My cold-weather testing has conclusive results, so now I need to do more spring testing and learn how well the new windows let in the fresh air. I’ve had a couple days to enjoy the breeze, but I’m ready for more extensive testing.


We have winterization in our lexicon, but not the springtime equivalent. Regardless, that’s how I spent part of my Saturday.

I had four more windows replaced a couple weeks ago (both bathrooms, guest room and upstairs hallway – the latter used to funnel cold air directly into my bedroom), so I had no storm windows to put away this year. Now, I’ve replaced all the windows in the living areas of the house. All that remain are the back hallway, basement and front porch, none of which are a huge priority.

Tulips! And daffodils!

I also cleaned out a winter’s worth of detritus from my flower beds and backyard. I filled an entire yard bag with dead leaves and other junk, and was thrilled to find stuff already sprouting underneath. In the front beds, I had seen tulips beginning to grow, but after removing the leaves, I found daffodil sprouts, too. Along the back fence, I found the early shoots that will become June’s tiger lilies.

Inside, I drained and cleaned the humidifiers, and now they’re air drying until I store them for the summer. I dusted and organized.

Still to do:

The missing piece was finally found in the backyard once the snow melted.

Fix the soffit that the blizzard tore off the side of the garage. Though it’s not very high, it requires a ladder, and thus I won’t tackle this quick fix unless I have someone spot me. Especially at the back of the house, I’m wary of doing anything where I could fall and no one would notice.

Close, but not quite latchable

Fix the frost heave/front gate situation. A couple years ago, a frost heave appeared in the middle of my driveway. As soon as the weather warmed, it collapsed back into itself, enabling me to seal it and move on. A couple weeks ago, when I first tried to close the gates, I couldn’t get the gate over the heave. Now, it’s collapsed, so I can close the gates, but they’re misaligned so they don’t meet in the middle and latch. I’m weighing my options: raise up the gates (oh-so-heavy and cumbersome; would require a second and potentially third set of hands) and install new hinges, sand off the bottom of the gate that currently rests on the ground, or just leave hope that the warm weather adjusts the driveway a bit more.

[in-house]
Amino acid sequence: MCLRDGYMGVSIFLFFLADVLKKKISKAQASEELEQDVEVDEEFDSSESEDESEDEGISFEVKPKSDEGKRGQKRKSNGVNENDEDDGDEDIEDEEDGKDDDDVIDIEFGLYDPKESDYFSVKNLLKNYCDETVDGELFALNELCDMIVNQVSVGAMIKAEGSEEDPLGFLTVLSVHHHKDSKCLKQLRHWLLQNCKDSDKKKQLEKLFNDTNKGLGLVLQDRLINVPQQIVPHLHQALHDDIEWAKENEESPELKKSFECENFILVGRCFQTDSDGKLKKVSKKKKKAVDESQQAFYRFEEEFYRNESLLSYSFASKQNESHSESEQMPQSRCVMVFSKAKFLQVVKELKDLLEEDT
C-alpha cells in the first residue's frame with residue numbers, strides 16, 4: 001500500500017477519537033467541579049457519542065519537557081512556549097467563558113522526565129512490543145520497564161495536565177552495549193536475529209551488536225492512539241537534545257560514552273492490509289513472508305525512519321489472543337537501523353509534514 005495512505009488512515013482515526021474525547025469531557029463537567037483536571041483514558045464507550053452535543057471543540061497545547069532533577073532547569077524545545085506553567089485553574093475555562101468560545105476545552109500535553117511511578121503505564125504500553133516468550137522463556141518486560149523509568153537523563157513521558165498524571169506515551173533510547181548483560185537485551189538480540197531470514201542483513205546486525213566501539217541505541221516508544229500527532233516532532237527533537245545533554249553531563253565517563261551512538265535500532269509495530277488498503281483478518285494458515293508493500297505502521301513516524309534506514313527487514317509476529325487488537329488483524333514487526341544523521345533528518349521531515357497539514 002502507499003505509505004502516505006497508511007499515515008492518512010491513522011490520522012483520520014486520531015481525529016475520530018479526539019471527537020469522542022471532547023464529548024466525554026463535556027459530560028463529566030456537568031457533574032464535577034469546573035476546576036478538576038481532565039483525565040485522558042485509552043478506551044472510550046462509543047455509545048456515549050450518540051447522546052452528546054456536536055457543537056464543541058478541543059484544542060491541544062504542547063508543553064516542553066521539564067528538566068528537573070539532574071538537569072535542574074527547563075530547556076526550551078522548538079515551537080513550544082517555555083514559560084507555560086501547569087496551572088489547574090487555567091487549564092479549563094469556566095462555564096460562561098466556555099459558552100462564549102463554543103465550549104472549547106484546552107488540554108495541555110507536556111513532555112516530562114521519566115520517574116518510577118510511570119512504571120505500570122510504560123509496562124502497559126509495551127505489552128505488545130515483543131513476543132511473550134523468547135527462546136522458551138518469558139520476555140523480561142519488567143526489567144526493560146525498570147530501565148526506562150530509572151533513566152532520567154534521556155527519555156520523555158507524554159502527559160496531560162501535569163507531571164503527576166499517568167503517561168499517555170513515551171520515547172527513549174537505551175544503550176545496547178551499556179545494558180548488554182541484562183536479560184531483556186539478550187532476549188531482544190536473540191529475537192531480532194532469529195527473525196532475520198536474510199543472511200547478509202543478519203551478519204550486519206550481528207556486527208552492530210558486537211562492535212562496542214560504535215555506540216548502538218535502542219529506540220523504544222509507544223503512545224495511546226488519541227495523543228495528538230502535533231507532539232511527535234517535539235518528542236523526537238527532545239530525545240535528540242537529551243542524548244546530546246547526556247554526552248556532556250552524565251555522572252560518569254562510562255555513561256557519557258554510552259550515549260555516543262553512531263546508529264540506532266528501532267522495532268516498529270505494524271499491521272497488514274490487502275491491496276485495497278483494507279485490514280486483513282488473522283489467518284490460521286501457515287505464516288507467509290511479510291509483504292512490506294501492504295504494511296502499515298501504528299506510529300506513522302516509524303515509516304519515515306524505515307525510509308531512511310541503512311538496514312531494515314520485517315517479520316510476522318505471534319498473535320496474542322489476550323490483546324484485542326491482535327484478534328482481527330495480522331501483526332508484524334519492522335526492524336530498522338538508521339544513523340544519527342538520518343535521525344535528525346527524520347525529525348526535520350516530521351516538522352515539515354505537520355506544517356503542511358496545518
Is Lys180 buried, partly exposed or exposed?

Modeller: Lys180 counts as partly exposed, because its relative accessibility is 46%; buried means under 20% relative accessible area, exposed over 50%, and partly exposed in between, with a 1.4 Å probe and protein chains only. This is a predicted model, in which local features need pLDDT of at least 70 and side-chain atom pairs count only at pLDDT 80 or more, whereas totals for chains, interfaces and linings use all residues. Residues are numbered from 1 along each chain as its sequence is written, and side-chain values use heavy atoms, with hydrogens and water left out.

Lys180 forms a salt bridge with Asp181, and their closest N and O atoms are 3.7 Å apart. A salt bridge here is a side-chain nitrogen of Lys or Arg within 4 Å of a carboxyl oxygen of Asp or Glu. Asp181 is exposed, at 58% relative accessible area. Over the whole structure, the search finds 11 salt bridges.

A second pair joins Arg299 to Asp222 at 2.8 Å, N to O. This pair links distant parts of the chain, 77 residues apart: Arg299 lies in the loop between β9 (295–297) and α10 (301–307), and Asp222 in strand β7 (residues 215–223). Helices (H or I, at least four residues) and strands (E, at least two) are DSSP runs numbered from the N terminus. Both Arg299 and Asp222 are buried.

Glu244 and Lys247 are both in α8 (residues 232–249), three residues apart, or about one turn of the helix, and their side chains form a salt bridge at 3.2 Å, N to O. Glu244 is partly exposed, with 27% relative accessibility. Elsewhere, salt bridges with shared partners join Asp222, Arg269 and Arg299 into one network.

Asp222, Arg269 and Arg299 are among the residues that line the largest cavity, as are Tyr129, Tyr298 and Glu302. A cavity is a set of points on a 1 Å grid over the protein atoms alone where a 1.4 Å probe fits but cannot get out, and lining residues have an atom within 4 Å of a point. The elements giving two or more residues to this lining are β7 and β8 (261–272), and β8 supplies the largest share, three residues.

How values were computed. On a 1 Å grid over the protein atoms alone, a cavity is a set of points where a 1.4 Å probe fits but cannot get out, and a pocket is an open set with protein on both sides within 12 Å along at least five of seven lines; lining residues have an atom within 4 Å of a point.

Put away the boots and clean, clean, clean. I’m afraid that putting away my winter boots right now might tempt fate, so I’ll hold off at least another week on this one. I also need to pull out the hose, turn on the water and get ready to plant.

And I can’t wait to drag the patio furniture out for the year.

What do you have to do for spring?

Snowpocalypse 2011

As you might have heard, we got a bit of snow last week. Snowpocalypse, or #snOMG as Twitter was calling it, was unlike anything I’ve ever seen or experienced. I vaguely remember the 1999 storm, but I was a senior in high school still on Christmas break.

This storm was incredible for its fury. All week, Skilling and others kept raising the expected accumulation totals and narrowing down the exact hour the storm hit. And they were right.

I woke up Tuesday morning to a fresh inch or so of snow and word that Metra was rearranging their afternoon schedules to help people get home ahead of the storm. All day, the skies were relatively clear. Until 2 PM, when suddenly, I looked out the 22nd floor windows and saw snow blowing horizontally, swirling violently.

The few coworkers who had come into the office started leaving to catch the special early Metra trains. I heard that Union Station was chaotic, so I decided to wait an hour to let things thin out a bit.

I left work at 4:15 and hunched against the wind and snow until I got to the eerily empty Union Station. I boarded the 4:50 train, which closed the doors right on time, with several empty seats. We sat for 10 minutes and then departed. Just past Western Avenue, we stopped. And sat. For nearly two hours. The conductors had no information, but I was able to learn from Twitter that there was a switch failure ahead. We sat on a bridge, near Damen and Grand, as the wind rocked the train back and forth. I was hungry and cursed myself for leaving an apple on my desk. Another passenger joked about ordering a pizza, if we could convince someone to come to the rail bridge.